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Methods Evaluated to Detect Asymptomatic Visceral Leishmaniasis

By Labmedica International staff writers
Posted on 24 Jul 2019
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Image: The Multiskan GO microplate spectrophotometer (Photo courtesy of Thermo Fisher Scientific).
Image: The Multiskan GO microplate spectrophotometer (Photo courtesy of Thermo Fisher Scientific).
Visceral leishmaniasis (VL) is caused by Leishmania infantum [synonymous L. chagasi] in the New World or L. donovani in the Old World, VL can be classified as an anthroponotic or zoonotic disease because it is transmitted between humans and others mammals, such as dogs.
Visceral leishmaniasis in humans presents with fever, anemia, and splenomegaly and can be lethal if not treated. Nevertheless, the majority of L. infantum-infected individuals don’t manifest symptoms, and remain so provided they are not immunosuppressed. Direct and indirect methods are used for diagnosis of VL.

A team of scientists working with the Ribeirão Preto School of Medicine (Ribeirão Preto, Brazil) included in a study of patients with VL before and after treatment, who were hospitalized in the city of Teresina, and volunteers without any symptom of the disease residing in the same city. Sample collections were carried out between August and November 2017. Samples obtained from healthy volunteers residing in the city of Ribeirão Preto, were used as control of non-endemic area. The diagnosis of VL was confirmed by the positivity of amastigote forms in samples of bone marrow aspirate stained by Giemsa, and confirmed by cell culture in NNN medium.

Immunochromatographic tests (IC) were performed using Kalazar Detect Rapid, and the OnSite Leishmania IgG/IgM Combo test. An in-house enzyme-linked immunosorbent assay (ELISA) was performed and read on a Multiskan GO microplate spectrophotometer. DNA extraction was performed using 200 μL of total peripheral blood. IFN-γ-induced protein 10 (IP-10) and monokine induced by IFN-γ (MIG) were quantified in the study in 50 μL of plasma from whole blood soluble Leishmania antigen (SLA)-stimulated or non-SLA-stimulated using the BD Cytometric Bead Array Human Flex Set.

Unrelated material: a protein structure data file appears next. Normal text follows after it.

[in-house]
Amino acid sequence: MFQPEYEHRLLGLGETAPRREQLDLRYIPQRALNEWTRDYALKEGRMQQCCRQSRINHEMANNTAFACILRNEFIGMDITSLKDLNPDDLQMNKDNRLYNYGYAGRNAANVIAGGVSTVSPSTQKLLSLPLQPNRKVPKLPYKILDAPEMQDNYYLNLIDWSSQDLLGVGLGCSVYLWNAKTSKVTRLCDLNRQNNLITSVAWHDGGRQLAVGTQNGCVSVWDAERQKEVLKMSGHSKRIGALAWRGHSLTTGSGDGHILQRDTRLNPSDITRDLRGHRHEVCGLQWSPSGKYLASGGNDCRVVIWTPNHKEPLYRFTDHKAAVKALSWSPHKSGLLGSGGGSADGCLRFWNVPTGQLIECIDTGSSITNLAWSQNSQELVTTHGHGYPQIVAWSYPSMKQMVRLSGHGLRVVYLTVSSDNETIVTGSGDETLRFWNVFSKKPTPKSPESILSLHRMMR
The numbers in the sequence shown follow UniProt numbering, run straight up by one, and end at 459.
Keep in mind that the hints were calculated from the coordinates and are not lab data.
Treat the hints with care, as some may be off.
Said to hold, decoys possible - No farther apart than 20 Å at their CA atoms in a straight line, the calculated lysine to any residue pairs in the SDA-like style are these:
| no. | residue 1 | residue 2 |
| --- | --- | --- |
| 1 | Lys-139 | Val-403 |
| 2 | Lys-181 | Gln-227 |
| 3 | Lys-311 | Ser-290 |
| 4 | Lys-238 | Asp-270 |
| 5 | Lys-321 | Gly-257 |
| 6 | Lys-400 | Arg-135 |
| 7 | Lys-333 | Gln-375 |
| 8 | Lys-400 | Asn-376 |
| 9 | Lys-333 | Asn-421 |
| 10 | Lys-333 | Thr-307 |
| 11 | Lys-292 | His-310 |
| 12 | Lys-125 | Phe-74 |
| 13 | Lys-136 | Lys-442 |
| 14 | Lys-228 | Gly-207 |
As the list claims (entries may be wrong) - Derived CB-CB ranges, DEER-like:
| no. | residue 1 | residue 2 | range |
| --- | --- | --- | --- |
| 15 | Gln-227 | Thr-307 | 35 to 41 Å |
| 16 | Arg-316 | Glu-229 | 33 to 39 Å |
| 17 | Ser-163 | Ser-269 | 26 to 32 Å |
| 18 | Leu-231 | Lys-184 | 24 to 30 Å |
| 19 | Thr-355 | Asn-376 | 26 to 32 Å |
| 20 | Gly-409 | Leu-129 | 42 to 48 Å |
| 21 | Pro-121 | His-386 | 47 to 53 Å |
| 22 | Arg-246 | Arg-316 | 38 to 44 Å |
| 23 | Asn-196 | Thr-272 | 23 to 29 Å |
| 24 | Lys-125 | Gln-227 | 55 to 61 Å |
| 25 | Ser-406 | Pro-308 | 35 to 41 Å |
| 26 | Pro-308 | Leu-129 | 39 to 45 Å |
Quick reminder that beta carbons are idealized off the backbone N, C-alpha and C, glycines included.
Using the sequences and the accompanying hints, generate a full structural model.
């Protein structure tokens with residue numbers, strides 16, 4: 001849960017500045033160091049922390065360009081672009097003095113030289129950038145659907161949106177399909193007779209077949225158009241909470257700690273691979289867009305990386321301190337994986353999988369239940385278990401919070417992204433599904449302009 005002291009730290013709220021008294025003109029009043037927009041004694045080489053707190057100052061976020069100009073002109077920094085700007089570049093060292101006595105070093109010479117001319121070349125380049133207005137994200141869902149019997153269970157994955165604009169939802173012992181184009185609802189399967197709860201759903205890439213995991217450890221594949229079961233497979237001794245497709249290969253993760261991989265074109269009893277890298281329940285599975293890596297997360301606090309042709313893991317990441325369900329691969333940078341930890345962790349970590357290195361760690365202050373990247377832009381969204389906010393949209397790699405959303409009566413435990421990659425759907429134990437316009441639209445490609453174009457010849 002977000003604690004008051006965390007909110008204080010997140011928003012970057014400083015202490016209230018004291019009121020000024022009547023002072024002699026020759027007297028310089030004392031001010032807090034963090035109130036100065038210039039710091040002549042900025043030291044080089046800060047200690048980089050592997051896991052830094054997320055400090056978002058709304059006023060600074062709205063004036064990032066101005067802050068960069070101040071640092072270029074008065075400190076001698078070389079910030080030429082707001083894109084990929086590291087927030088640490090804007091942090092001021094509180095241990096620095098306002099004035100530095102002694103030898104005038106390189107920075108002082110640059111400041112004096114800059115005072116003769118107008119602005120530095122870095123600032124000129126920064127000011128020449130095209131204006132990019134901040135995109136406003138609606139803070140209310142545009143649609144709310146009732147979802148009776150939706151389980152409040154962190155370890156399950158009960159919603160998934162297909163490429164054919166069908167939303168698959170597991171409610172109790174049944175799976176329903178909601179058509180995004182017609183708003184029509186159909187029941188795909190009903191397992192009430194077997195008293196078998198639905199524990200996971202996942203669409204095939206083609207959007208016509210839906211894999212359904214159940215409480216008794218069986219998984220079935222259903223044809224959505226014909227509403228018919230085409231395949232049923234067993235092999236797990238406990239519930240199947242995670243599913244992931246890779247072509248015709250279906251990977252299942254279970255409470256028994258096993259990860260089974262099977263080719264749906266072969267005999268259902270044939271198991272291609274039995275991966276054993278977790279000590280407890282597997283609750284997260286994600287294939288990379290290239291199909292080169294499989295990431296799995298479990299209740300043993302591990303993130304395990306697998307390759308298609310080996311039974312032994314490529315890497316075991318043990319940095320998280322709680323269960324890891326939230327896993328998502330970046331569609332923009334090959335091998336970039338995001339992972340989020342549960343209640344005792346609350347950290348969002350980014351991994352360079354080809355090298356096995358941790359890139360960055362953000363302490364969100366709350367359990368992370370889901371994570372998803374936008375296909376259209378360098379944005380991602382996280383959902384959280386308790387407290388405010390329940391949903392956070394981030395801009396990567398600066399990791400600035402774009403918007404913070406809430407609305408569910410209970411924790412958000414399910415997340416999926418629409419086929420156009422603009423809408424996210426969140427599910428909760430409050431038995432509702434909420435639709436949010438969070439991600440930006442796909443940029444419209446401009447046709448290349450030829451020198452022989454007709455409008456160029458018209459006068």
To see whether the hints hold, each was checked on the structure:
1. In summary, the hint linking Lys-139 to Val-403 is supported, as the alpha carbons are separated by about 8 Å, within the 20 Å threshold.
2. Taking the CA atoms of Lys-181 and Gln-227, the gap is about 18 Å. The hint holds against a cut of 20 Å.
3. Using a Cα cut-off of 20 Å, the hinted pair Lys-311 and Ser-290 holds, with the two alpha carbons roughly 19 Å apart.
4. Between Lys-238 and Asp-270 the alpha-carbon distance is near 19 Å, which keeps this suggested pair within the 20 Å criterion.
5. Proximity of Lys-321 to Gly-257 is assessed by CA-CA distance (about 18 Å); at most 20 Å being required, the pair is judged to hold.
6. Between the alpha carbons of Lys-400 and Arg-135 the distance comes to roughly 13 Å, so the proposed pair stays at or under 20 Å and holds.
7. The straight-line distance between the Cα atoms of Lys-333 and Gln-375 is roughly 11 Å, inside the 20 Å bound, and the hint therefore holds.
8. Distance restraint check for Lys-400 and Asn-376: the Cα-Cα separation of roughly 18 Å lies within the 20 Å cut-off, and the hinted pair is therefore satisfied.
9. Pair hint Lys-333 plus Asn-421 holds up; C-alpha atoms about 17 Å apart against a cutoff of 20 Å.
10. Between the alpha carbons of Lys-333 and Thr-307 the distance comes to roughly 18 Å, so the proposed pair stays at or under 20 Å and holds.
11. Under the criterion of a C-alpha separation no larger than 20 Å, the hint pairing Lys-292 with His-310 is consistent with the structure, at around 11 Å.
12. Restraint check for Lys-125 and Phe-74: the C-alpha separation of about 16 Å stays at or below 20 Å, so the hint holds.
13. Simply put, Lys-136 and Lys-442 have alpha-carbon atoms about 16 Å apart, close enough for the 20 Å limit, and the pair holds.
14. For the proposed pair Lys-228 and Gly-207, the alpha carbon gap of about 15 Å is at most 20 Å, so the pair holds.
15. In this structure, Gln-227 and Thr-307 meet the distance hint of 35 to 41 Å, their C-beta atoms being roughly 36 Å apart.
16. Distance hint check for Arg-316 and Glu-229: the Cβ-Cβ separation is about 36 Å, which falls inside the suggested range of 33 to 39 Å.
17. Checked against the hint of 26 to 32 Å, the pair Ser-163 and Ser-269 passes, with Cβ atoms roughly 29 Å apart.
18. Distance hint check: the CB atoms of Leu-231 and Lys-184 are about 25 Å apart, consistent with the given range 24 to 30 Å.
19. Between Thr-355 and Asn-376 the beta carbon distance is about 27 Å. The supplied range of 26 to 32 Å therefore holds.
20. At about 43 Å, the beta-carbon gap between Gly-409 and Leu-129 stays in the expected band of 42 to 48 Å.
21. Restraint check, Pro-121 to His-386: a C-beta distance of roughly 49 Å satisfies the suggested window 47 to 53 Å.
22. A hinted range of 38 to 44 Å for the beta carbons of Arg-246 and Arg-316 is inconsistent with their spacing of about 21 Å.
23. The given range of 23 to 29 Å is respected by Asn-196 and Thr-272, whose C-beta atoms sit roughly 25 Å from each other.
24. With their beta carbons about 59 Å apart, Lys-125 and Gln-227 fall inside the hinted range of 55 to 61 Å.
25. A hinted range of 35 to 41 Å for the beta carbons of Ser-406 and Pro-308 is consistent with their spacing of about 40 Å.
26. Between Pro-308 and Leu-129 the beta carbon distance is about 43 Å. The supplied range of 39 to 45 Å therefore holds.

The scientists reported that Kalazar Detect and OnSite detected, respectively, 76% and 64% of patients presenting with active VL; 50% and 57% of patients remained positive in these tests, respectively, after treatment. Of the healthy participants in the study who were living in the endemic area, only 1.7% were positive with both of the IC tests. On the other hand, reactivity in ELISA tests revealed that 13% of these individuals presented asymptomatic infections; among VL patients, 84% presenting with active disease were reactive in ELISA and after treatment, 55.5% were seropositive. L. infantum DNA was present in the blood of 37.9% of infected individuals living in the endemic area, while IP-10 and MIG biomarkers were detected in 26.7% of them.

The authors concluded that the association of different techniques can detect asymptomatic infections, however, more investigation is necessary to develop ideal biomarkers that are simple to use in the clinic and in field studies in areas endemic for visceral leishmaniasis. The study was published on July 1, 2019, in the journal PLOS Neglected Tropical Diseases.

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